• · As at 25 April 2010, the WHO Regional Offices reported over 17,919 deaths associated with pandemic (H1N1) 2009 influenza worldwide. In the Northern Hemisphere, the areas of highest transmission are in parts of West and Central Africa with some focal areas of activity in South and Southeast Asia
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1. Influenza activity in Australia

Laboratory Confirmed Cases

Pandemic influenza activity remains low and sporadic cases of pandemic influenza continue to be reported without evidence of sustained community transmission (Figure 1). There was one laboratory confirmed pandemic (H1N1) 2009 case diagnosed during this reporting period in Western Australia.

In the same period, there have been a total of 10 cases diagnosed as influenza. They included one of pandemic (H1N1) 2009 type (Western Australia), four of type A not sub-typed (3 in Queensland, 1 in South Australia) and five of type B (3 in Queensland and 2 in South Australia).

Figure 1. Laboratory confirmed cases of pandemic (H1N1) 2009 and total influenza in Australia, to 30 April 2010

Figure 1. Laboratory confirmed cases of pandemic (H1N1) 2009 and total influenza in Australia, to 30 April 2010

Note: Total influenza series starts on 1 January 2010.
Source: NetEpi (2009; NSW 2010) and NNDSS (2010)



There have been 492 confirmed cases of influenza of all types diagnosed during 2010 up to 30 April. Of those, 64 (13%) have been sub-typed as pandemic (H1N1) 2009, 362 (73.6%) as influenza type A not sub-typed and 4 (0.8%) as A/H3N2. A further 52 (10.6%) have been characterised as influenza type B (Figure 2).
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Influenza type A not further sub-typed is the predominant type in Australia to date this year. While it is expected that the majority of this will be pandemic (H1N1) 2009, these cases have a higher age profile (median age 41 years) than cases confirmed as the pandemic (H1N1) 2009 strain (27 years in 2010). The proportion of women diagnosed with Influenza type A not further sub-typed is also higher (51%) compared to that diagnosed with the pandemic (H1N1) 2009 strain (43.7% in 2010).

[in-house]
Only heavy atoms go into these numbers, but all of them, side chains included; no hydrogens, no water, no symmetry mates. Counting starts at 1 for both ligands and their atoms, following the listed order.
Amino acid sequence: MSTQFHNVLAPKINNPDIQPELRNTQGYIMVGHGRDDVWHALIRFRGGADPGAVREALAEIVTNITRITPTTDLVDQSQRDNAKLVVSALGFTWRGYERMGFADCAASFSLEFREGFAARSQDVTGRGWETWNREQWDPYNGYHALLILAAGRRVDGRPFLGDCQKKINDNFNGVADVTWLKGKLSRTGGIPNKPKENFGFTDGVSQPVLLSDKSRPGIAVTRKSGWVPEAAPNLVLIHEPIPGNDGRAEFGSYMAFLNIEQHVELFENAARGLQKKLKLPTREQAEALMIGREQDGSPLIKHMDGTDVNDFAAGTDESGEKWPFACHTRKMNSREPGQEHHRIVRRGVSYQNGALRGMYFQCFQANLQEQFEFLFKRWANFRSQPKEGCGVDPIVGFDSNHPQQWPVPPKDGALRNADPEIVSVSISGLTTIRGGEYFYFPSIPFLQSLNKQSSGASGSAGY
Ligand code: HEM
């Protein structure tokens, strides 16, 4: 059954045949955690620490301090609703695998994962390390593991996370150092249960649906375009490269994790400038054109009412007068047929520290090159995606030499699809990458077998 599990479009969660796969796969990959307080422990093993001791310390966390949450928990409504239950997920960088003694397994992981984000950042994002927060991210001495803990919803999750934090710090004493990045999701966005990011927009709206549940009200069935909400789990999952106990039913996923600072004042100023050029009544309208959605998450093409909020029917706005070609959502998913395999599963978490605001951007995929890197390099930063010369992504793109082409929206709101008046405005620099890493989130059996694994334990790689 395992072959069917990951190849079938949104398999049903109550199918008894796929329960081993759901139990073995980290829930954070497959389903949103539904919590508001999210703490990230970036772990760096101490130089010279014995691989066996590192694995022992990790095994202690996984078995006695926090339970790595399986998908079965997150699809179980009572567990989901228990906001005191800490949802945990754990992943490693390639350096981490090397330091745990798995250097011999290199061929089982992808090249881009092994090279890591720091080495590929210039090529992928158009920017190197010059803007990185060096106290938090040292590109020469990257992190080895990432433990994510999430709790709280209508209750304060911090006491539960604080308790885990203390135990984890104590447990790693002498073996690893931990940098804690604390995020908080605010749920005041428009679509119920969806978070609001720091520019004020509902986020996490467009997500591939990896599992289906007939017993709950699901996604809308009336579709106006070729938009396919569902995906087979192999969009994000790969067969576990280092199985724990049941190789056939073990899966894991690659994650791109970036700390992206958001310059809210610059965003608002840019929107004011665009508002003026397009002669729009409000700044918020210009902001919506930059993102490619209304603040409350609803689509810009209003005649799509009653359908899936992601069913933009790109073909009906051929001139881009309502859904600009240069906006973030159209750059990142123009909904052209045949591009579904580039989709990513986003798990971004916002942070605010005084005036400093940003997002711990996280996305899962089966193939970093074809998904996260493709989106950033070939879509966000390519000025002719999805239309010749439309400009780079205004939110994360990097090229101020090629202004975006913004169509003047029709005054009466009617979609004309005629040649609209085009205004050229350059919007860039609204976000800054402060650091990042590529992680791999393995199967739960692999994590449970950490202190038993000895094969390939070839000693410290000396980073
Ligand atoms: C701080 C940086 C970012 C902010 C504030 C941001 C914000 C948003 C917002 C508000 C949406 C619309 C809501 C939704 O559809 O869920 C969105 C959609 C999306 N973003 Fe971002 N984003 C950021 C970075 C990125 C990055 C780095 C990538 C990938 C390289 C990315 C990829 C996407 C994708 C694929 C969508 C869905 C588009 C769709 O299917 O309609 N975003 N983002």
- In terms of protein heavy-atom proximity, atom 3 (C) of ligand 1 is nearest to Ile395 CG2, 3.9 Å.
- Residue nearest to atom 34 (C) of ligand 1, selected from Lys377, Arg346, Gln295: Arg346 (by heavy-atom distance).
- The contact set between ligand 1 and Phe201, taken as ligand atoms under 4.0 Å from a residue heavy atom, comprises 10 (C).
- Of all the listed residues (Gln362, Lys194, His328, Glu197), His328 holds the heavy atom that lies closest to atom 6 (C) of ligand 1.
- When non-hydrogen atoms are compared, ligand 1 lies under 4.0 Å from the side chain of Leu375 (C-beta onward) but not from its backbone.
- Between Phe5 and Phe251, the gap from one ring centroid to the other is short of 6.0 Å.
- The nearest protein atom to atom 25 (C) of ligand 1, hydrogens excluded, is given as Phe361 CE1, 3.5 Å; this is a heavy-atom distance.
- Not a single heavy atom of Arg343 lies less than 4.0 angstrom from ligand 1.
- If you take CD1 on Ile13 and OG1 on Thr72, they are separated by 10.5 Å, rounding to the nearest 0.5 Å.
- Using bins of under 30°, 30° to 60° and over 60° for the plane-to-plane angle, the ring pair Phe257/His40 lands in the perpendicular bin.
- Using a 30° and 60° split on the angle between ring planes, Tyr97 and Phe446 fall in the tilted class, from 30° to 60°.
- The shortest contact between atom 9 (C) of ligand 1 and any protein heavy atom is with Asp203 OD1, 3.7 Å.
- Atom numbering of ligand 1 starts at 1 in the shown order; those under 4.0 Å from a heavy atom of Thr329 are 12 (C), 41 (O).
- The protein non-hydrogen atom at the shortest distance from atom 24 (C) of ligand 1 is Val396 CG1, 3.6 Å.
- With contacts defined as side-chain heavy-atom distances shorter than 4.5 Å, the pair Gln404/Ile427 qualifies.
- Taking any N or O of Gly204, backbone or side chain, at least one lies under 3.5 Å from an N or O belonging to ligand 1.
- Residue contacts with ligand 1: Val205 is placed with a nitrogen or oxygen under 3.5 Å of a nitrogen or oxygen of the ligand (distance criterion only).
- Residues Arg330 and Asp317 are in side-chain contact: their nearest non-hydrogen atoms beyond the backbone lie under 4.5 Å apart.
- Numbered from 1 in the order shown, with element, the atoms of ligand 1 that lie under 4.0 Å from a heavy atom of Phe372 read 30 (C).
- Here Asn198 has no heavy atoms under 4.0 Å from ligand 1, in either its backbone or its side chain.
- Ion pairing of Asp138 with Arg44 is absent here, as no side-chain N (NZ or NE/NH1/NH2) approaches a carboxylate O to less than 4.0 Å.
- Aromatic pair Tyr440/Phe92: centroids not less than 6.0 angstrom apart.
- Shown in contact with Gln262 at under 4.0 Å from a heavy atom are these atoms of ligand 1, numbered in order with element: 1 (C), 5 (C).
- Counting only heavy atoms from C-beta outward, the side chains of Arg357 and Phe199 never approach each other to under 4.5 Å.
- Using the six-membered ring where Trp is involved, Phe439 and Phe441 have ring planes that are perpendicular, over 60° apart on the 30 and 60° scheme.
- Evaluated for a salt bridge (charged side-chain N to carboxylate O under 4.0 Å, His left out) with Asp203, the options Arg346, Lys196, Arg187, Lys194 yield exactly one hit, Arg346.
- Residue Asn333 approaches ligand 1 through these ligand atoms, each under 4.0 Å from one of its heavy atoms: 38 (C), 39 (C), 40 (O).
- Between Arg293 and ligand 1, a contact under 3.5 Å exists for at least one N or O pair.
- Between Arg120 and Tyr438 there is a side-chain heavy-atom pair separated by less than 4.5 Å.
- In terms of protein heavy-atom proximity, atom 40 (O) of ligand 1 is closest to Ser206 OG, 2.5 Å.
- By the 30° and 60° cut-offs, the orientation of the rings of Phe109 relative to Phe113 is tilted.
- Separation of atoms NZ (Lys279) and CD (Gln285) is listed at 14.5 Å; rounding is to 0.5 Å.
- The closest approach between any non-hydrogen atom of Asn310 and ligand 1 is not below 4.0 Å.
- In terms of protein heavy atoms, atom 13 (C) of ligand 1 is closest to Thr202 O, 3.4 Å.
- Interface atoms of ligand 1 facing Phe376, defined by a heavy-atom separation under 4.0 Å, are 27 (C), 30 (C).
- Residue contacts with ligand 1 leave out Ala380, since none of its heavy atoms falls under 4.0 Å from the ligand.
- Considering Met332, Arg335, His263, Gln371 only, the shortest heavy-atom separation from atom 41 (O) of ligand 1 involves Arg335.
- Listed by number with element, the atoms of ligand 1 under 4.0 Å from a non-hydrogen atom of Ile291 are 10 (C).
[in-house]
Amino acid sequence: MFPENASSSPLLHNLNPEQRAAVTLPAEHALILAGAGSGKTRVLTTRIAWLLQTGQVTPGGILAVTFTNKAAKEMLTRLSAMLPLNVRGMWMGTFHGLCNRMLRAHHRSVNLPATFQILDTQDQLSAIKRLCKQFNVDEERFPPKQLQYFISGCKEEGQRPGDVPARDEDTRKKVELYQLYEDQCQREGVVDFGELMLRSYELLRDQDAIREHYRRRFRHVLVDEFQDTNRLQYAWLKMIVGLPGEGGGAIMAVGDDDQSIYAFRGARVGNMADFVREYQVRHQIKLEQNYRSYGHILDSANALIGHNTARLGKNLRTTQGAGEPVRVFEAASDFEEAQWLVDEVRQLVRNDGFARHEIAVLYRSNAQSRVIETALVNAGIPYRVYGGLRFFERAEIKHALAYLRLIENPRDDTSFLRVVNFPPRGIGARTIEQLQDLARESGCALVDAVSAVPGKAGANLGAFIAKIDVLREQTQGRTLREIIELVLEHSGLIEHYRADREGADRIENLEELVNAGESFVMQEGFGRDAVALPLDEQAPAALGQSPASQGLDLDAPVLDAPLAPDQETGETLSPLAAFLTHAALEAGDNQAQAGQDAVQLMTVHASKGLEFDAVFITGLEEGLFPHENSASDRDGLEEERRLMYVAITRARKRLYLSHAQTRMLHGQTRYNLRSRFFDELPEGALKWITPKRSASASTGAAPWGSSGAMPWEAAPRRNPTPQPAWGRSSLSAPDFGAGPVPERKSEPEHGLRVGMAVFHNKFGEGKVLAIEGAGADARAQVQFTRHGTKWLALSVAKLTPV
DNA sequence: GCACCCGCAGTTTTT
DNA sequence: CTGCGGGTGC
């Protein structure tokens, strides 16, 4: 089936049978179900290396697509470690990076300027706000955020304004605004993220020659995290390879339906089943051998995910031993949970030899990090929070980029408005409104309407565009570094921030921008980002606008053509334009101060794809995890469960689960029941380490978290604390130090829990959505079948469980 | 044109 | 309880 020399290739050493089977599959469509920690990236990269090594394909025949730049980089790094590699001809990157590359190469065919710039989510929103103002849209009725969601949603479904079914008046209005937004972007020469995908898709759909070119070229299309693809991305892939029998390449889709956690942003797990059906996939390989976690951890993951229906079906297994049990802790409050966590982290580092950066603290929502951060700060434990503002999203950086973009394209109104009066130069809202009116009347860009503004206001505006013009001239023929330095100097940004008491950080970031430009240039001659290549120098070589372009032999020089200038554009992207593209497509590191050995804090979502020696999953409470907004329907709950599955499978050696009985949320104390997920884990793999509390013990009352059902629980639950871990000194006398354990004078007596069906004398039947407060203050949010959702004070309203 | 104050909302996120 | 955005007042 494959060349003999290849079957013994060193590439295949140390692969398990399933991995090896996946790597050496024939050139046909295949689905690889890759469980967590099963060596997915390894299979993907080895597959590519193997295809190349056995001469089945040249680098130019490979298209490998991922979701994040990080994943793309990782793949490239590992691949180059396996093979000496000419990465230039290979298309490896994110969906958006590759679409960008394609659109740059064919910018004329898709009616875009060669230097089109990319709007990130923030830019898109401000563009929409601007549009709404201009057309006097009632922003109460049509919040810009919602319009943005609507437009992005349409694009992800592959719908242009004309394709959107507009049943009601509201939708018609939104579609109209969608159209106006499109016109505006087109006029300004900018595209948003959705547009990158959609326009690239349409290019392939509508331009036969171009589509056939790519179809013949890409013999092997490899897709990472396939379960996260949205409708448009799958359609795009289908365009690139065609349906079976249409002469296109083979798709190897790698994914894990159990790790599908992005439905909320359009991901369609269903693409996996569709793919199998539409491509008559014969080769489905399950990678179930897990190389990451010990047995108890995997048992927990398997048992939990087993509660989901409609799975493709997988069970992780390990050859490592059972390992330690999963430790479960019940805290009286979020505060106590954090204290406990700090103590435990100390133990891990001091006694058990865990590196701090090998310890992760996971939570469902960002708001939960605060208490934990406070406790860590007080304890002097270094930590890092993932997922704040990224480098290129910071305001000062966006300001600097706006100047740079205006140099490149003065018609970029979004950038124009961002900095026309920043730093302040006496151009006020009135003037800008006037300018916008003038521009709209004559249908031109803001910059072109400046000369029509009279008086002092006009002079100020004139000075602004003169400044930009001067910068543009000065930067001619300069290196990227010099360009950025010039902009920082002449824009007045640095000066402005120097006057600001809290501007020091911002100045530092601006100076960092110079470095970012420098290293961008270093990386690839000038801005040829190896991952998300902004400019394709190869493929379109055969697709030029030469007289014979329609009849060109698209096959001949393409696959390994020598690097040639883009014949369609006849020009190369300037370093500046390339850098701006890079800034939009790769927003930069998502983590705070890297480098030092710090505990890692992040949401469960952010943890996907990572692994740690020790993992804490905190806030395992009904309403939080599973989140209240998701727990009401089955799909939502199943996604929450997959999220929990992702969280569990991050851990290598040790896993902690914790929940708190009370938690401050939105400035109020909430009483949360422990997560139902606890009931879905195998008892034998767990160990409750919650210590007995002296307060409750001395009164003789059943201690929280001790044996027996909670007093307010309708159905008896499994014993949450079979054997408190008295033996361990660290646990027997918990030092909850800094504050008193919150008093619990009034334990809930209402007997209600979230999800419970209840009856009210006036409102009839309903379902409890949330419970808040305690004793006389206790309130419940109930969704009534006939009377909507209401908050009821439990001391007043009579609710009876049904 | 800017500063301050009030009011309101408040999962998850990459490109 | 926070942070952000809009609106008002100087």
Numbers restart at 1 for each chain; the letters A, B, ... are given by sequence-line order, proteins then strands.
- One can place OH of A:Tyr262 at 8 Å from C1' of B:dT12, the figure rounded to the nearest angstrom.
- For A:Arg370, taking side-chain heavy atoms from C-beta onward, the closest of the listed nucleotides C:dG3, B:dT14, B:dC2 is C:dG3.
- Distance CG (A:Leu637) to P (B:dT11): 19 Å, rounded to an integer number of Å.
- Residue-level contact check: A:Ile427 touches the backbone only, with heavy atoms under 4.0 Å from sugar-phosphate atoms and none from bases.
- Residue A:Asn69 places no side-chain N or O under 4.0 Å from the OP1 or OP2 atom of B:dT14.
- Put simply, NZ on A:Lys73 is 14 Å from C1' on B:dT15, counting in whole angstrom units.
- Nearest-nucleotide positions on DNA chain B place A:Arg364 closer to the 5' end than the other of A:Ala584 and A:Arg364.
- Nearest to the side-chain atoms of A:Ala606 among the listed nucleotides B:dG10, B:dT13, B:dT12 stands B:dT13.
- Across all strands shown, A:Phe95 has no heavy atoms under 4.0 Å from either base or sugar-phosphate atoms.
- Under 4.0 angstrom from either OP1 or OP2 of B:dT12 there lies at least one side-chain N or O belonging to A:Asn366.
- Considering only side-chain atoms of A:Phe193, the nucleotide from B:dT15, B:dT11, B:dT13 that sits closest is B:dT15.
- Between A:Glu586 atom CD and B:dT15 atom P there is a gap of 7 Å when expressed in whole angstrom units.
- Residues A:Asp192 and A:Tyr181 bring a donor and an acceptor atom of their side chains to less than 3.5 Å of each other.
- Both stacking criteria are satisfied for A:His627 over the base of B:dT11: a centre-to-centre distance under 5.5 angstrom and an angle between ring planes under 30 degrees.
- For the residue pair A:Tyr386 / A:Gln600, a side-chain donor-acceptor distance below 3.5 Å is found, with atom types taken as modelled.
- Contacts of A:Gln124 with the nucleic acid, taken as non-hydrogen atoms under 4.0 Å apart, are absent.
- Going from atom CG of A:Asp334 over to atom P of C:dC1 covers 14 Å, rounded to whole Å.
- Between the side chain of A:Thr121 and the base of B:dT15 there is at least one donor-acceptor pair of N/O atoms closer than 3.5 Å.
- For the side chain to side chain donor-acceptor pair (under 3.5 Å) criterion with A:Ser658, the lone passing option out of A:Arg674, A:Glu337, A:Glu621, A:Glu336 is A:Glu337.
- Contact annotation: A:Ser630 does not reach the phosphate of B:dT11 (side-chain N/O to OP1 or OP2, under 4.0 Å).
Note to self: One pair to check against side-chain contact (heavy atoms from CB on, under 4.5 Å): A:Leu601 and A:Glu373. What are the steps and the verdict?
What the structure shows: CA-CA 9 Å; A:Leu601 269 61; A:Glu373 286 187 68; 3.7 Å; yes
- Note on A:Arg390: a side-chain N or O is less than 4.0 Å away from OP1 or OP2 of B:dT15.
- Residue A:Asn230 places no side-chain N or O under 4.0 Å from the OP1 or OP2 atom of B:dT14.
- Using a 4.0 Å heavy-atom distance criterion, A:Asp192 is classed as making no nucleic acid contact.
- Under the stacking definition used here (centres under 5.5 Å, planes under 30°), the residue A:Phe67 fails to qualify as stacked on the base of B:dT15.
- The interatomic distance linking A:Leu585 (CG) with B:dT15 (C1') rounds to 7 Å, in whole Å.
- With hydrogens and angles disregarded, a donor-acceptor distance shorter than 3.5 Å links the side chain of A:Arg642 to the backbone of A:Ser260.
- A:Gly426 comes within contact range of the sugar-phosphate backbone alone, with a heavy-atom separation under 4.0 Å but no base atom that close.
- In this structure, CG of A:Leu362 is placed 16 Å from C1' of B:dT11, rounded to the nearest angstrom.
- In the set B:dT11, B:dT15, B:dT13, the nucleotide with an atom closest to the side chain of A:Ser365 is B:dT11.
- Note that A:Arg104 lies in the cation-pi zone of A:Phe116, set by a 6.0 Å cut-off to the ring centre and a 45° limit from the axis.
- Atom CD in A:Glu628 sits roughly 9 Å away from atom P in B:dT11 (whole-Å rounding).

Figure 2. Laboratory confirmed cases of influenza (pandemic (H1N1) 2009 and seasonal) in Australia, 1 January 2010 to 30 April 2010, by week and type
Figure 2. Laboratory confirmed cases of influenza (pandemic (H1N1) 2009 and seasonal) in Australia, 1 January 2010 to 30 April 2010, by week and type

Source: NNDSS and NetEpi (NSW).


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Influenza-Like Illness

Sentinel General Practice Surveillance

Combined data available from the Australian Sentinel Practices Research Network (ASPREN) and the Northern Territory GP surveillance system up until 25 April 2010 show that national ILI consultation rates remain low, and are below levels seen in 2008 and 2009.

In the last week, the presentation rate to sentinel GPs in Australia was approximately four cases per 1,000 consultations (Figure 3).

Figure 3. Weekly rate of ILI reported from GP ILI surveillance systems from 1 January 2007 to 25 April 2010*
Figure 3. Weekly rate of ILI reported from GP ILI surveillance systems from 1 January 2007 to 25 April 2010

* Delays in the reporting of data may cause data to change retrospectively. As data from the NT surveillance system is combined with ASPREN data for 2010, rates may not be directly comparable across 2007, 2008 and 2009.
SOURCE: ASPREN, and NT GP surveillance system.


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WA Emergency Departments

The number of respiratory viral presentations reported in Western Australian EDs remained stable in the week ending 25 April 2010. Levels are similar to those seen at the same time in 2008 (Figure 4).